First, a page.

Nahmod Law

The Third Circuit Punts On Whether Contracts Clause Violations Are Actionable Under Section 1983

The Contract Clause, U.S. Const. Art I, § 10, provides: “No State shall … pass any … Law Impairing the Obligation of Contracts.”

The Supreme Court has developed a three-part Contracts Clause test: (1) does the state law operate as a substantial impairment of the contractual relationship; (2) if so, does the state have a significant, legitimate public purpose behind the regulation; and (3), if so, is the adjustment of the rights and responsibilities of the contracting parties based on reasonable conditions and is it appropriate to the public purposes justifying the state regulation? See, generally, Energy Reserves Group, Inc. v. Kansas Power and Light Co., 459 U.S. 400 (1983).

Are Contracts Clause violations actionable under section 1983?

I addressed this in an earlier post setting out the circuit split on this question. See Southern California Gas Co. v. City of Santa Ana, 336 F.3d 885, 887 (9th Cir. 2003) (per curiam)(actionable); Crosby v. City of Gastonia, 635 F. 3d 634 (4th Cir. 2011)(not actionable) and Kaminski v. Coulter, 865 F.3d 339 (6th Cir. 2017)(not actionable). See also Elliott v. Board of School Trustees, 876 F.3d 926 (7th Cir. 2017)(assuming without deciding that Contracts Clause violations are actionable for damages under section 1983). I also argued in that post that such violations should indeed be actionable under section 1983.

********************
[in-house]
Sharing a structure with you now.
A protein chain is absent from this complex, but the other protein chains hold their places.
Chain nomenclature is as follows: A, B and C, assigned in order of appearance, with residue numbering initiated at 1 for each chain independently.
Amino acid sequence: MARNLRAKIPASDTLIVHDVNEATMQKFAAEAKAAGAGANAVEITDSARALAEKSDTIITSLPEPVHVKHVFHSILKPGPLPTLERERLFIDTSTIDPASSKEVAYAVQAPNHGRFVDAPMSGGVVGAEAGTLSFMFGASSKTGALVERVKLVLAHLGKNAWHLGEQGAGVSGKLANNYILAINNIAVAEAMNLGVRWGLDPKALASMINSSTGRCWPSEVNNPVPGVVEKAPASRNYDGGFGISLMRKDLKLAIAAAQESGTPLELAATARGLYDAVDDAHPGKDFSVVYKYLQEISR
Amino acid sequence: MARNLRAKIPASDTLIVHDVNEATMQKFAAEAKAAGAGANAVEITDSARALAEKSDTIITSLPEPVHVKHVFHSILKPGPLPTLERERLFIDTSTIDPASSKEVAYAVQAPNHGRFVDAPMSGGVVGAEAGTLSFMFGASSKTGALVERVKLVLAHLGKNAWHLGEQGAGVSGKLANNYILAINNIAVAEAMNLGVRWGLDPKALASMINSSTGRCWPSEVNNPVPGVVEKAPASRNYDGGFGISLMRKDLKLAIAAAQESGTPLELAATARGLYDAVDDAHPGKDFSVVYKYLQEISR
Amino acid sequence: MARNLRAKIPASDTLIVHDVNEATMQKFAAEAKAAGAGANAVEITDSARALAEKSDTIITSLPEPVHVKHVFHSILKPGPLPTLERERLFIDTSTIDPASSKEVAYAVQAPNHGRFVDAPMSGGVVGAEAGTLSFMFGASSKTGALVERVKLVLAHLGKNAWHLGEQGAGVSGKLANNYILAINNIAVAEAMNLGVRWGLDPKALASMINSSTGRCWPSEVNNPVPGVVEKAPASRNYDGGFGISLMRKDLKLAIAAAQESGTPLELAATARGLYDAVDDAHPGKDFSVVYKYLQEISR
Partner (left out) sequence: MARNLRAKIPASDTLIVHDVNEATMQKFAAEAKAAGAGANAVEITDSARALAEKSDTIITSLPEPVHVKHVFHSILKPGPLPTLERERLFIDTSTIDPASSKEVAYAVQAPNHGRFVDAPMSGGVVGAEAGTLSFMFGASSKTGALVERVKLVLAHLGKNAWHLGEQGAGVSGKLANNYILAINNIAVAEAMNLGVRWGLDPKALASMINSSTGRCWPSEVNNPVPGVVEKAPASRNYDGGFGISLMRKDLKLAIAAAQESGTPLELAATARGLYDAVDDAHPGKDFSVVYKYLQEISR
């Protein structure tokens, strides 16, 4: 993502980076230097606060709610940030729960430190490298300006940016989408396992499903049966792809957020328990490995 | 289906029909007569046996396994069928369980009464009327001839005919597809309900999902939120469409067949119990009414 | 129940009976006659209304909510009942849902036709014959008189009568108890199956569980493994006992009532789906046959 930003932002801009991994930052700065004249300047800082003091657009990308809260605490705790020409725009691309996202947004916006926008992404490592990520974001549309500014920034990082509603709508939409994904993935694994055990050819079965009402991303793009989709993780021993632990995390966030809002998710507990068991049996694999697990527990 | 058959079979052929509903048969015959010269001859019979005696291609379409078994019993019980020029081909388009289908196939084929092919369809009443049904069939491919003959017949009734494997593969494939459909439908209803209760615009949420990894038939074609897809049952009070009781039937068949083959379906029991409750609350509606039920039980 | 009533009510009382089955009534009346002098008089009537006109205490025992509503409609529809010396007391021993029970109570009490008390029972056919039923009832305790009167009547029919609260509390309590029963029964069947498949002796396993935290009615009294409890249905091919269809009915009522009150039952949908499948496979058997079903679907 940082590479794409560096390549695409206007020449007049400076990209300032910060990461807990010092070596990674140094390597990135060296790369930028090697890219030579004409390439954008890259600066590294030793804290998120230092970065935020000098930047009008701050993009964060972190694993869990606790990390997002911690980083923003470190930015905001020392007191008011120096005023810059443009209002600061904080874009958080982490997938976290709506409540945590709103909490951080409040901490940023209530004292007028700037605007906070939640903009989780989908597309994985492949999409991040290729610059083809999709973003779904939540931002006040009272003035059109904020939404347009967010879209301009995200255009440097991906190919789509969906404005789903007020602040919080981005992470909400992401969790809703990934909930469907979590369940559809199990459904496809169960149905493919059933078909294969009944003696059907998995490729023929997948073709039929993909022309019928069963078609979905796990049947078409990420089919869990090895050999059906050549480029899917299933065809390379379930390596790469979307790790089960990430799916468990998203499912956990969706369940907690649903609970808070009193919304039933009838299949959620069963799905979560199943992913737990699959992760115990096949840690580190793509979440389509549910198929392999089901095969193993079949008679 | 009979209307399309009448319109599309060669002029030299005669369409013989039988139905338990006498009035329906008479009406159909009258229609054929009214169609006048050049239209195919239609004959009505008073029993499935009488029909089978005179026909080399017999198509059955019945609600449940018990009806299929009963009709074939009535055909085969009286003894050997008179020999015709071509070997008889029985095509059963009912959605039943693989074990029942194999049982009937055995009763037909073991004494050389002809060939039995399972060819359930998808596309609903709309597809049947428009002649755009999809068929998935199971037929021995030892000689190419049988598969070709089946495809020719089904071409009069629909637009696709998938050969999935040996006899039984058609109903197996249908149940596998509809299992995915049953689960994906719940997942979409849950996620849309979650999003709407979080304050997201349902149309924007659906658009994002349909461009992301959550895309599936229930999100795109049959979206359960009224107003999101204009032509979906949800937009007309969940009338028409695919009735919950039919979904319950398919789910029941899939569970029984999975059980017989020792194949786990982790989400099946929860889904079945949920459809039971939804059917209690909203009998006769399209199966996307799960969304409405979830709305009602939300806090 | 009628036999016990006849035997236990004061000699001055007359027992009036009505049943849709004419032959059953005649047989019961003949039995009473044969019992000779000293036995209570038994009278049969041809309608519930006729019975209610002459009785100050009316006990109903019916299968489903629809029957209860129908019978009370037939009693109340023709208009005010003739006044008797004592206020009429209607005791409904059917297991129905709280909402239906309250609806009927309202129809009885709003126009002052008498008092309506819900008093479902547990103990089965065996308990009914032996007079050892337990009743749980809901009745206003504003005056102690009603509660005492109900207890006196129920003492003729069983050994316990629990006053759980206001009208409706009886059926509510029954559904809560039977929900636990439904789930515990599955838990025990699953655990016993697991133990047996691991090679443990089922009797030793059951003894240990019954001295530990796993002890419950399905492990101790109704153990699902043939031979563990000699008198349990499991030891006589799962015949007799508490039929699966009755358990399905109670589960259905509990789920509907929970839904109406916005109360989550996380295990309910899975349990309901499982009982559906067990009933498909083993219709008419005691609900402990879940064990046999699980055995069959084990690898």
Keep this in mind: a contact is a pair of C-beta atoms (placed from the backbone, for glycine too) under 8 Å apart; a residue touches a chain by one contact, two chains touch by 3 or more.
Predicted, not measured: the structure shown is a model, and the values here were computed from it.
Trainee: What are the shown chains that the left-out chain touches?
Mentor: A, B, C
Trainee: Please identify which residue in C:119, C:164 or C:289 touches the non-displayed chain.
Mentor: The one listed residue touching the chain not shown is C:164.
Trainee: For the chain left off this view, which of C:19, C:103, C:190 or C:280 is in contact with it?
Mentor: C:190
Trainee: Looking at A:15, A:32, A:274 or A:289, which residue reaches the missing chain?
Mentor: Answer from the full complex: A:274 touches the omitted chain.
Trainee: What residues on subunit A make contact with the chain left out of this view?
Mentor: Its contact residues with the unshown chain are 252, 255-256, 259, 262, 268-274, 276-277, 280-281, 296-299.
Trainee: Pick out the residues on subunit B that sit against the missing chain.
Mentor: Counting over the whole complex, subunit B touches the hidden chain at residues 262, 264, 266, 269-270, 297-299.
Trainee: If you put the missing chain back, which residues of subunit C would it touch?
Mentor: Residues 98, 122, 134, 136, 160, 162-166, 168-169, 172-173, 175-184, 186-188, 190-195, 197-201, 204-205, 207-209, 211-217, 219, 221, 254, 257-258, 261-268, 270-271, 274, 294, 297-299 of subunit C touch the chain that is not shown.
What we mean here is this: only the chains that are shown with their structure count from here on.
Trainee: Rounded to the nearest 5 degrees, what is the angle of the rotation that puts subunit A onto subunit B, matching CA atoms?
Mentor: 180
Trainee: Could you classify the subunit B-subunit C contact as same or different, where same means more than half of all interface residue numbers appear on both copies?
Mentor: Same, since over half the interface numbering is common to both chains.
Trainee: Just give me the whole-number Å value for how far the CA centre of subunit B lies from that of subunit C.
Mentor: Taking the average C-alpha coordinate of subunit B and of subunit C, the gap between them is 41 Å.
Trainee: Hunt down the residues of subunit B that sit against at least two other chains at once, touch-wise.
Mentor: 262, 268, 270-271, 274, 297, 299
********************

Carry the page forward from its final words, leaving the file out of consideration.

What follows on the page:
Here is the post:

The Third Circuit recently could have decided the issue for its circuit but instead punted.

In Watters v. Board of School Directors, 975 F.3d 406 (3rd Cir. 2020), tenured teachers who were suspended sued under section 1983 and the Contracts Clause alleging that public school directors and a school district thereby violated the Clause. The Third Circuit, affirming their suspension, stated: “We assume for purposes of this appeal that §1983 confers a private right of action on the type of Contracts Clause claim that the teachers bring and that … [the challenged conduct] substantially impaired the teachers’ tenure contract rights.” It ruled against the teachers, however, on the ground that the suspensions were an “appropriate and reasonable way to advance” the school district’s attempt to alleviate its budget problems.

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Written by snahmod

September 14, 2021 at 9:55 am

Posted in Uncategorized

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